According to BBC Good Food, these juicy and attractive molluscs are a carefully-bred seasonal delicacy, best eaten only during months containing the letter ‘r’. The village of Conwy lies on an estuary where its eponymous river meets the Irish Sea, allowing freshwater and seawater combine to create perfectly plump and uniquely delicious Conwy mussels. Also on the seafood front, sewin (or ‘sea trout’) is worth a mention too, pairing up nicely with samphire which is abundant along the coast at Carmarthen Bay. Seabass, grey mullet, John Dory and mackerel are all much-loved as well.
The largest Welsh cake in history was cooked in 2014 on St David’s Day in the North Wales town of Bala. The monumental accomplishment measured 1.5m wide, weighing in at a hefty 21.7kg. 200 hungry punters ate a piece of history that day.
When they’re not breaking records, the Welsh enjoy various standard sized ‘teisens’ (cakes) including lap (a shallow moist fruit cake), carawe (caraway seed cake), sinamon (cinnamon cake) and mêl (honey cake).
Griddle cakes are also popular, including scones, pancakes, cakes, breads, turnovers and oatcakes.
The importance of Welsh cheese in culture cannot be underestimated. In fact, according to various sources, Welsh cheeses were considered so good that they were once an integral part of divorce settlements!
Caerphilly cheese is probably the most famous and loved worldwide. It also has protected status (more on that later). What’s more, Black Bomber was voted at the number one cheese brand for the fourth time in five years by the Guild of Fine Food publication.
Bara brith (‘speckled bread’) is a yeast bread either enriched with dried fruit or made with self-raising flour (no yeast). Traditionally flavoured with tea, dried fruits and mixed spices, it is best enjoyed smothered with butter and accompanied with a cup of tea. It is so ingrained in the culture of Wales that it has even become a championship sport. Well, sort of. The World Bara Brith Championships take place annually and are fiercely competitive apparently…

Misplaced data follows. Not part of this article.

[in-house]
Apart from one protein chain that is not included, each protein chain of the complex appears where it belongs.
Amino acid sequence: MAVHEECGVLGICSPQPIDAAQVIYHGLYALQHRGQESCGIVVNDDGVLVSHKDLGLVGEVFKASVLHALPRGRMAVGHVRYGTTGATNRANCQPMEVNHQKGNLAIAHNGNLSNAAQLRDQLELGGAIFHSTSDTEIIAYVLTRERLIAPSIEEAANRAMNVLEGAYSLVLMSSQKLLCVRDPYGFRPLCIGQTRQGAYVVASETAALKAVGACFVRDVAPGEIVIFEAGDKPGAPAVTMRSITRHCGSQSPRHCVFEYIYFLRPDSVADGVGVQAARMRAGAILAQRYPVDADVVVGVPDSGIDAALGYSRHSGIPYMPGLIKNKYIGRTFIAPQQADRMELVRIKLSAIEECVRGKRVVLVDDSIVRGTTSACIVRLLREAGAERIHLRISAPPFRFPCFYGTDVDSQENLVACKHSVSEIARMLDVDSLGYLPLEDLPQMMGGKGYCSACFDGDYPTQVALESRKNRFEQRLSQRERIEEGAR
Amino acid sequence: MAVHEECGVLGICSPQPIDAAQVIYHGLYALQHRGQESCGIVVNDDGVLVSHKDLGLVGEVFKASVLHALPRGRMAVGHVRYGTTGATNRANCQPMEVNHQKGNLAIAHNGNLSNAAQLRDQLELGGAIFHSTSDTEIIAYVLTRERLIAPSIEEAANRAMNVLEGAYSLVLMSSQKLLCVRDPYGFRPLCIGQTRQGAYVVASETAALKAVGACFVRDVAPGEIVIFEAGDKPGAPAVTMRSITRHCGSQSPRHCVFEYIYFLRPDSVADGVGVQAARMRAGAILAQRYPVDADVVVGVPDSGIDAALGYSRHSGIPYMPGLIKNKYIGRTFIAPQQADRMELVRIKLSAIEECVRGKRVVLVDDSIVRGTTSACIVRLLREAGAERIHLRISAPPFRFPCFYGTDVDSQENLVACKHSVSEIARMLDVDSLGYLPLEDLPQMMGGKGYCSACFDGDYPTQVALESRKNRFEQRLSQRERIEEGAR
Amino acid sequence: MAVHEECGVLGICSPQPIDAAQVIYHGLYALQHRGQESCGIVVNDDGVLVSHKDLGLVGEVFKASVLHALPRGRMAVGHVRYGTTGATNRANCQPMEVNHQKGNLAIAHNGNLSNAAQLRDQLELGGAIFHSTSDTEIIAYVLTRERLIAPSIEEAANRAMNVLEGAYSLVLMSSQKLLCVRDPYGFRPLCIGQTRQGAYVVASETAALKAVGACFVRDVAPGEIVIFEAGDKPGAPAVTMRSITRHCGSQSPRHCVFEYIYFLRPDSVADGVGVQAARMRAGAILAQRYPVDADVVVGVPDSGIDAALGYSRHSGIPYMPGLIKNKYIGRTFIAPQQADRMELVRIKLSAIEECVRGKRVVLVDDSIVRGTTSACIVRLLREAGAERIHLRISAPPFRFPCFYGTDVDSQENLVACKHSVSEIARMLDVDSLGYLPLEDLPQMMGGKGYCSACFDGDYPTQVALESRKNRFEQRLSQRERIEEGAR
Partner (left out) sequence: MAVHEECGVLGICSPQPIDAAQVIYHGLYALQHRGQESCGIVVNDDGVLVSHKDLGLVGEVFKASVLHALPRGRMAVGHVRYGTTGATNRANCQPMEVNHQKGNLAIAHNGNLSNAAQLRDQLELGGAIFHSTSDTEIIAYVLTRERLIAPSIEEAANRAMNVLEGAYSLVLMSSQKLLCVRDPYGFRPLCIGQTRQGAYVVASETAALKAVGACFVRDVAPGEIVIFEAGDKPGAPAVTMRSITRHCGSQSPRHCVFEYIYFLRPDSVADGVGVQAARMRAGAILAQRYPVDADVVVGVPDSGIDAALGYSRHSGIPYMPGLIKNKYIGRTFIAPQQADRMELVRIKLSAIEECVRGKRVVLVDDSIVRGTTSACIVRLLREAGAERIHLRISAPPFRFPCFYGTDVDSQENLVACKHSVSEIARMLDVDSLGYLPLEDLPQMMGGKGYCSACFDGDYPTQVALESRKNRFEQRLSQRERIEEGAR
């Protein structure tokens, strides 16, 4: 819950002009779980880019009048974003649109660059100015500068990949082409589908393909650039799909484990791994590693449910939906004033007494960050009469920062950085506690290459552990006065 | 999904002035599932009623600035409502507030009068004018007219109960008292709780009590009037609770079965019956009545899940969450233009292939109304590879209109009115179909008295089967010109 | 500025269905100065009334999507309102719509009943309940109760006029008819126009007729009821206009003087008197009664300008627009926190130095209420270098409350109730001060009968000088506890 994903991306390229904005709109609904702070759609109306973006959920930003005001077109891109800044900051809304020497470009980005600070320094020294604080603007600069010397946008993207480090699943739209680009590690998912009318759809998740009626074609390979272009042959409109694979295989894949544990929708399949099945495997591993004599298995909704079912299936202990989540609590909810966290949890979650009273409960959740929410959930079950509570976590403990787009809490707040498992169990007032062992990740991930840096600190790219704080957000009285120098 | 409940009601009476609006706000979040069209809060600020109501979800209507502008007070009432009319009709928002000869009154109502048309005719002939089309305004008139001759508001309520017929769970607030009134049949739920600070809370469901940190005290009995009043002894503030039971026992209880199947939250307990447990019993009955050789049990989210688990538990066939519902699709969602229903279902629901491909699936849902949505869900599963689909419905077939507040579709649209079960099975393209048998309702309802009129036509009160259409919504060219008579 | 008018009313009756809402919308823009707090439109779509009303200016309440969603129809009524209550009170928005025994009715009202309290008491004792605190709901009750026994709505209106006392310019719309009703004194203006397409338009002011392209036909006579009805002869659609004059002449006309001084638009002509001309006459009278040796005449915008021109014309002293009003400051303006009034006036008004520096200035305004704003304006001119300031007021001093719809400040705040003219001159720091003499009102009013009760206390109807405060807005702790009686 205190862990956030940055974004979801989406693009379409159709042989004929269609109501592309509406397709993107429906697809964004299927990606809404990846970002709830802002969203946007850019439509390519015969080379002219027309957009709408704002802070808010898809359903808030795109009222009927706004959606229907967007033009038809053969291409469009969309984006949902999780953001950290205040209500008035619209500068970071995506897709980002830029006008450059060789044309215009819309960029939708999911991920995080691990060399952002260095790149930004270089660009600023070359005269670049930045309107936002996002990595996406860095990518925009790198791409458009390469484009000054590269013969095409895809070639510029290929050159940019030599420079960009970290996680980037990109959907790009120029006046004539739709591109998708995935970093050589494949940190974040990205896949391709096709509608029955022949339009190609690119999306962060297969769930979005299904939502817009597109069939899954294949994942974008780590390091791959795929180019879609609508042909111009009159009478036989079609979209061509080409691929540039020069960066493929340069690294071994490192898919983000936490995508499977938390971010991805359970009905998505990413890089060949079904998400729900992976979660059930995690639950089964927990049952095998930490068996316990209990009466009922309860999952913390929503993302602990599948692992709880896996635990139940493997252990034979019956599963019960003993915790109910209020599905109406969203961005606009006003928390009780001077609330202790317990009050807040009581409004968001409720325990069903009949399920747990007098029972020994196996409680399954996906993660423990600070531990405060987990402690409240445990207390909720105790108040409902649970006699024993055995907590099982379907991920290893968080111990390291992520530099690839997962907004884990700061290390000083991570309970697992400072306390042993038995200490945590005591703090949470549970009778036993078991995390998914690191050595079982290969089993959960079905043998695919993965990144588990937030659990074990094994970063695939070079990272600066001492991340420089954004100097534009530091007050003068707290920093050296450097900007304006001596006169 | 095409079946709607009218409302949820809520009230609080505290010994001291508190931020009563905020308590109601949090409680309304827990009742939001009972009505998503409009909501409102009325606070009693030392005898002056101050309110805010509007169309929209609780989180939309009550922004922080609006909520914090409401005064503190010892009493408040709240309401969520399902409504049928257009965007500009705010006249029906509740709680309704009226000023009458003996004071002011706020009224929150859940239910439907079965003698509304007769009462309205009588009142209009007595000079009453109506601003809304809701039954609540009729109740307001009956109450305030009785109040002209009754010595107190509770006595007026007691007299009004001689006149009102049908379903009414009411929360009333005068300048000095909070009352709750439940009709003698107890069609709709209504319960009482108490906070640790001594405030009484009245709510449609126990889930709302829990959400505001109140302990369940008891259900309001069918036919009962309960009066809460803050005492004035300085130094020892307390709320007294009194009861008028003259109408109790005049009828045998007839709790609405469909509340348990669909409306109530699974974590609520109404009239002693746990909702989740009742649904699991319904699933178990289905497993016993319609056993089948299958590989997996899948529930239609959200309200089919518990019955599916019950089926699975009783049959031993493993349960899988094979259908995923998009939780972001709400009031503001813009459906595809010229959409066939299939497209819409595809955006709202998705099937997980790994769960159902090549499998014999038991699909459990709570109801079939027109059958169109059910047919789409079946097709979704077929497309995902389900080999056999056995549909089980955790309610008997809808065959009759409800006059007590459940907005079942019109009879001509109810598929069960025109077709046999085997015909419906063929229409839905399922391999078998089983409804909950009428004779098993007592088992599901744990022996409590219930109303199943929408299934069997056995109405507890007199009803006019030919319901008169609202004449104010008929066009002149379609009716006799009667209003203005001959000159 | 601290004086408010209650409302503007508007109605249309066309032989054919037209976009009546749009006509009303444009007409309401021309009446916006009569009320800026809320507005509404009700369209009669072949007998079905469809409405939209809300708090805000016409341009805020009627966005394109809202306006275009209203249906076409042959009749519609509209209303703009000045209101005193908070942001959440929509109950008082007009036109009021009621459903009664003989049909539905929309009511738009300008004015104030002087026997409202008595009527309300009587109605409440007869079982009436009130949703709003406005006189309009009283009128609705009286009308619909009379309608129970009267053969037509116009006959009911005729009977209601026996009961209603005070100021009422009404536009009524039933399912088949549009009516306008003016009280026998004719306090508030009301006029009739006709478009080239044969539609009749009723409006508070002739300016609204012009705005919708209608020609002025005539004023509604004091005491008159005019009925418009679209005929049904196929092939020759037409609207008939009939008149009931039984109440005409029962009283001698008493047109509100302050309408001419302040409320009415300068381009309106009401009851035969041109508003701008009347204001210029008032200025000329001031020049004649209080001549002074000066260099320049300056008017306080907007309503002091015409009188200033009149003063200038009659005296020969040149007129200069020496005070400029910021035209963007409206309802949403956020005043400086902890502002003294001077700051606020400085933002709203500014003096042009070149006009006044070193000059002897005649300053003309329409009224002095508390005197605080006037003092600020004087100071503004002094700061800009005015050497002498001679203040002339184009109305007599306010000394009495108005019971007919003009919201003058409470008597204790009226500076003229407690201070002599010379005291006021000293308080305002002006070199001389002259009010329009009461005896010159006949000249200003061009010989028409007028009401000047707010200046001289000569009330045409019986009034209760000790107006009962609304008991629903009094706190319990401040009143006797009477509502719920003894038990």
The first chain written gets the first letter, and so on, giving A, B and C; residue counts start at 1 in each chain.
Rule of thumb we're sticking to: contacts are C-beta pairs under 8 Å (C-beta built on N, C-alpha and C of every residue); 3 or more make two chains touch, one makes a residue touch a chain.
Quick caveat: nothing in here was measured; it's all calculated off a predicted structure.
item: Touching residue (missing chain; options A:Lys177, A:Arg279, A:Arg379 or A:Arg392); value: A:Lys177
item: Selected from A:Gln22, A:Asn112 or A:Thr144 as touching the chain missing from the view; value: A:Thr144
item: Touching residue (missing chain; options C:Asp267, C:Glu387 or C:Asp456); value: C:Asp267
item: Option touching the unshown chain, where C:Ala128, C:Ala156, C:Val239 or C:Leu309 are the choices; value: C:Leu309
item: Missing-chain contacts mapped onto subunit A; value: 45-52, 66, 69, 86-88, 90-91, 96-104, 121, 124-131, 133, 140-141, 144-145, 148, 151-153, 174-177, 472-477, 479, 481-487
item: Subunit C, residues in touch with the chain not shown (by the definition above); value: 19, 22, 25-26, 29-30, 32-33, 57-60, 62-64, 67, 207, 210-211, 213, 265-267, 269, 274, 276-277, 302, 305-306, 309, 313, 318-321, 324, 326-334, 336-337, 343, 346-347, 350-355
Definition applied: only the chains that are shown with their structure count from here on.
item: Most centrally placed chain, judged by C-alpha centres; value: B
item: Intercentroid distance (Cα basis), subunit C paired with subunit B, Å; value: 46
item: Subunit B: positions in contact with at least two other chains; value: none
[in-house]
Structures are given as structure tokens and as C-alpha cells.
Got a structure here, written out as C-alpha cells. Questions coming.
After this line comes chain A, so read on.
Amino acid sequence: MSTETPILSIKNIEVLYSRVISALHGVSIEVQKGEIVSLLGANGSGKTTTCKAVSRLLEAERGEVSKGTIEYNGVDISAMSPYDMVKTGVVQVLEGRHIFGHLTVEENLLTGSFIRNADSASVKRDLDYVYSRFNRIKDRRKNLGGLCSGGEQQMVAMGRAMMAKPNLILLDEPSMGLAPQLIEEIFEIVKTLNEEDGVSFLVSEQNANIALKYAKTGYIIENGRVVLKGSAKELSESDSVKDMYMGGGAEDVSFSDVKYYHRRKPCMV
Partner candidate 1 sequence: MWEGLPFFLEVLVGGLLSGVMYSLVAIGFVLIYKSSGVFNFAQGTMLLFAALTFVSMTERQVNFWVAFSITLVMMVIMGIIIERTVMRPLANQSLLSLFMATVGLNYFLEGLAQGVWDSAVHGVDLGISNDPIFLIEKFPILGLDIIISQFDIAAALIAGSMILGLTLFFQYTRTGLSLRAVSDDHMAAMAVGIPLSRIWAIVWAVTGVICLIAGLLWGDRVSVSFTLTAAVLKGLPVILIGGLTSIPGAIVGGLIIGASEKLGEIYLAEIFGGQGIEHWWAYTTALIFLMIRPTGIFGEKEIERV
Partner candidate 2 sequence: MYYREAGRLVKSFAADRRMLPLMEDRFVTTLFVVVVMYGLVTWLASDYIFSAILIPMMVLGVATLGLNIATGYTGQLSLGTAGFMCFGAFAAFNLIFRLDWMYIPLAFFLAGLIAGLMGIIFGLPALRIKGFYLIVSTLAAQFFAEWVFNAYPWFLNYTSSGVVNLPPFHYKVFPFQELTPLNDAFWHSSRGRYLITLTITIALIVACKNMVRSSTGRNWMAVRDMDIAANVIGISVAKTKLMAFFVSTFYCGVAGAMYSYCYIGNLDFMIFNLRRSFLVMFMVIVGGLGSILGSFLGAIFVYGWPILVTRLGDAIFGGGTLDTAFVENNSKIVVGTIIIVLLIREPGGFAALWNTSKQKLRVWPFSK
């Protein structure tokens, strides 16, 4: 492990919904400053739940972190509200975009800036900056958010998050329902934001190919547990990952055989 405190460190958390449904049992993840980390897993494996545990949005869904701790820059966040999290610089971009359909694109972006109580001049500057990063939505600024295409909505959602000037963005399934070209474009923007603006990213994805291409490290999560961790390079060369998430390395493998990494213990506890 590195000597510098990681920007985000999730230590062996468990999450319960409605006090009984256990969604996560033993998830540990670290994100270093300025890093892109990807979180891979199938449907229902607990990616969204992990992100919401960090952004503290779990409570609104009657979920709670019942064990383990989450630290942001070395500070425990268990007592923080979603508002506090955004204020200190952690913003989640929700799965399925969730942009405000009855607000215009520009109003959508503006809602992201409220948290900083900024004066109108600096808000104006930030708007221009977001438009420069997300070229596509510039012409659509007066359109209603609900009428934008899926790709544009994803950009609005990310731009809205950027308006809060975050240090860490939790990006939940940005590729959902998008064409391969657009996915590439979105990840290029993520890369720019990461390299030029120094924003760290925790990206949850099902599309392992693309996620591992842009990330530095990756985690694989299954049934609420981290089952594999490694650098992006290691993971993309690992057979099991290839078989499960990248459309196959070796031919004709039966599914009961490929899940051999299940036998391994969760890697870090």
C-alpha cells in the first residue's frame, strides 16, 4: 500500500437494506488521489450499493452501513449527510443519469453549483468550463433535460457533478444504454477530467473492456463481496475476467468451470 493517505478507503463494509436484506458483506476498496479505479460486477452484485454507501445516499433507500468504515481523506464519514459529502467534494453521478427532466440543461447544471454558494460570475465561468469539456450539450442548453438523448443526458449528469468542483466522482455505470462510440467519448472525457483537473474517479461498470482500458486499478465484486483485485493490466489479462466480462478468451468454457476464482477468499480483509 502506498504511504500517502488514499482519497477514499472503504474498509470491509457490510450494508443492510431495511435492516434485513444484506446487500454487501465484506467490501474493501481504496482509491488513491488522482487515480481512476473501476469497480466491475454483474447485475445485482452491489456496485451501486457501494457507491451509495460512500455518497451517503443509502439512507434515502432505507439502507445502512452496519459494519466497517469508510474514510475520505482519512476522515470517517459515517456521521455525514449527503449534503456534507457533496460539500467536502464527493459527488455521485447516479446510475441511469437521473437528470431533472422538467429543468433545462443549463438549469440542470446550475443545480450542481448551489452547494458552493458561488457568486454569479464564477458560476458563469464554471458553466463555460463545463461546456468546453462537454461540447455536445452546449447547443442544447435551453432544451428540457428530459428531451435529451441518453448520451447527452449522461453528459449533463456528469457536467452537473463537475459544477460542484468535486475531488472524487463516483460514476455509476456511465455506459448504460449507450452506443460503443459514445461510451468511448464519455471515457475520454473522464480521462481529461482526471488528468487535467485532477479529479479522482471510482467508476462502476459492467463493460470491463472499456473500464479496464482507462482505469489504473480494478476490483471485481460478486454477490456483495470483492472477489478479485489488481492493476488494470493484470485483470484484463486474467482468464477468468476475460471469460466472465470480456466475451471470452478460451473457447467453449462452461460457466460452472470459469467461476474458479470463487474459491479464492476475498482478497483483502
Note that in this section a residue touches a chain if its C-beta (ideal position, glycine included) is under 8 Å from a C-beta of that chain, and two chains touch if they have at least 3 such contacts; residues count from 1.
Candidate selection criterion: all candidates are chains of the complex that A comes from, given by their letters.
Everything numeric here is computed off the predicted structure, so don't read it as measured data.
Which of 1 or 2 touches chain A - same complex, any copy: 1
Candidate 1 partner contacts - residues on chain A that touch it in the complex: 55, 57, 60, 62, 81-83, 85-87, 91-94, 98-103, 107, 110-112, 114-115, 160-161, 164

Also known as ‘lobsgows’ in North Wales, Welsh cawl is regarded by many as the national dish of Wales. What is it, though? Traditional Welsh cawl is a kind of soup or stew; recipes and ingredients for it vary but it is typically made with salted bacon, beef or lamb, swede, carrots, leeks and potatoes. It is regarded as some to be even more delicious the day after cooking when the flavours have had time to develop.
Below is a list of Welsh foods and drinks that have had protected status bestowed upon them, including many that we have already touched on. The EUPFN Scheme was introduced to protect food and drink products on a
geographical or recipe basis. Wales currently has 14 products in total that have protected status, all of which are regarded as iconic and strongly linked to their place of origin and their traditional methods of production.
- Conwy mussels
- Carmarthen ham
- Welsh lamb
- Welsh beef
- Traditional Welsh cider and perry
- West Wales Coracle Caught Sewin
- Anglesey sea salt/halen môn
- Traditionally reared pedigree Welsh pork
- Welsh wine
- Pembrokeshire Early Potatoes
And finally, a word on Guinness. OK, it’s an undeniably Irish stout and you’re probably wondering why on earth it appears on this list. Well, there are actually a couple of theories that suggest it was inspired by or even directly originates from Cymru. The first theory is that Mr Guinness had sampled many-a-dark brew during his visits to London via Wales which led to the creation of the famous bitter. The other theory espouses the idea that the recipe was created in Cardiganshire and made its way to Ireland in the 18th century where it was given to Arthur Guinness after the supposed inventor’s passing. We’ll just leave that with you…
We hope you enjoyed this article. Did we miss your favourite traditional Welsh food or do you have a family Welsh dish you’d like to share? Let us know… you can get in touch with and follow us on Twitter, Facebook, Instagram and Pinterest! To receive a monthly compilation of our latest articles why not subscribe to our newsletter?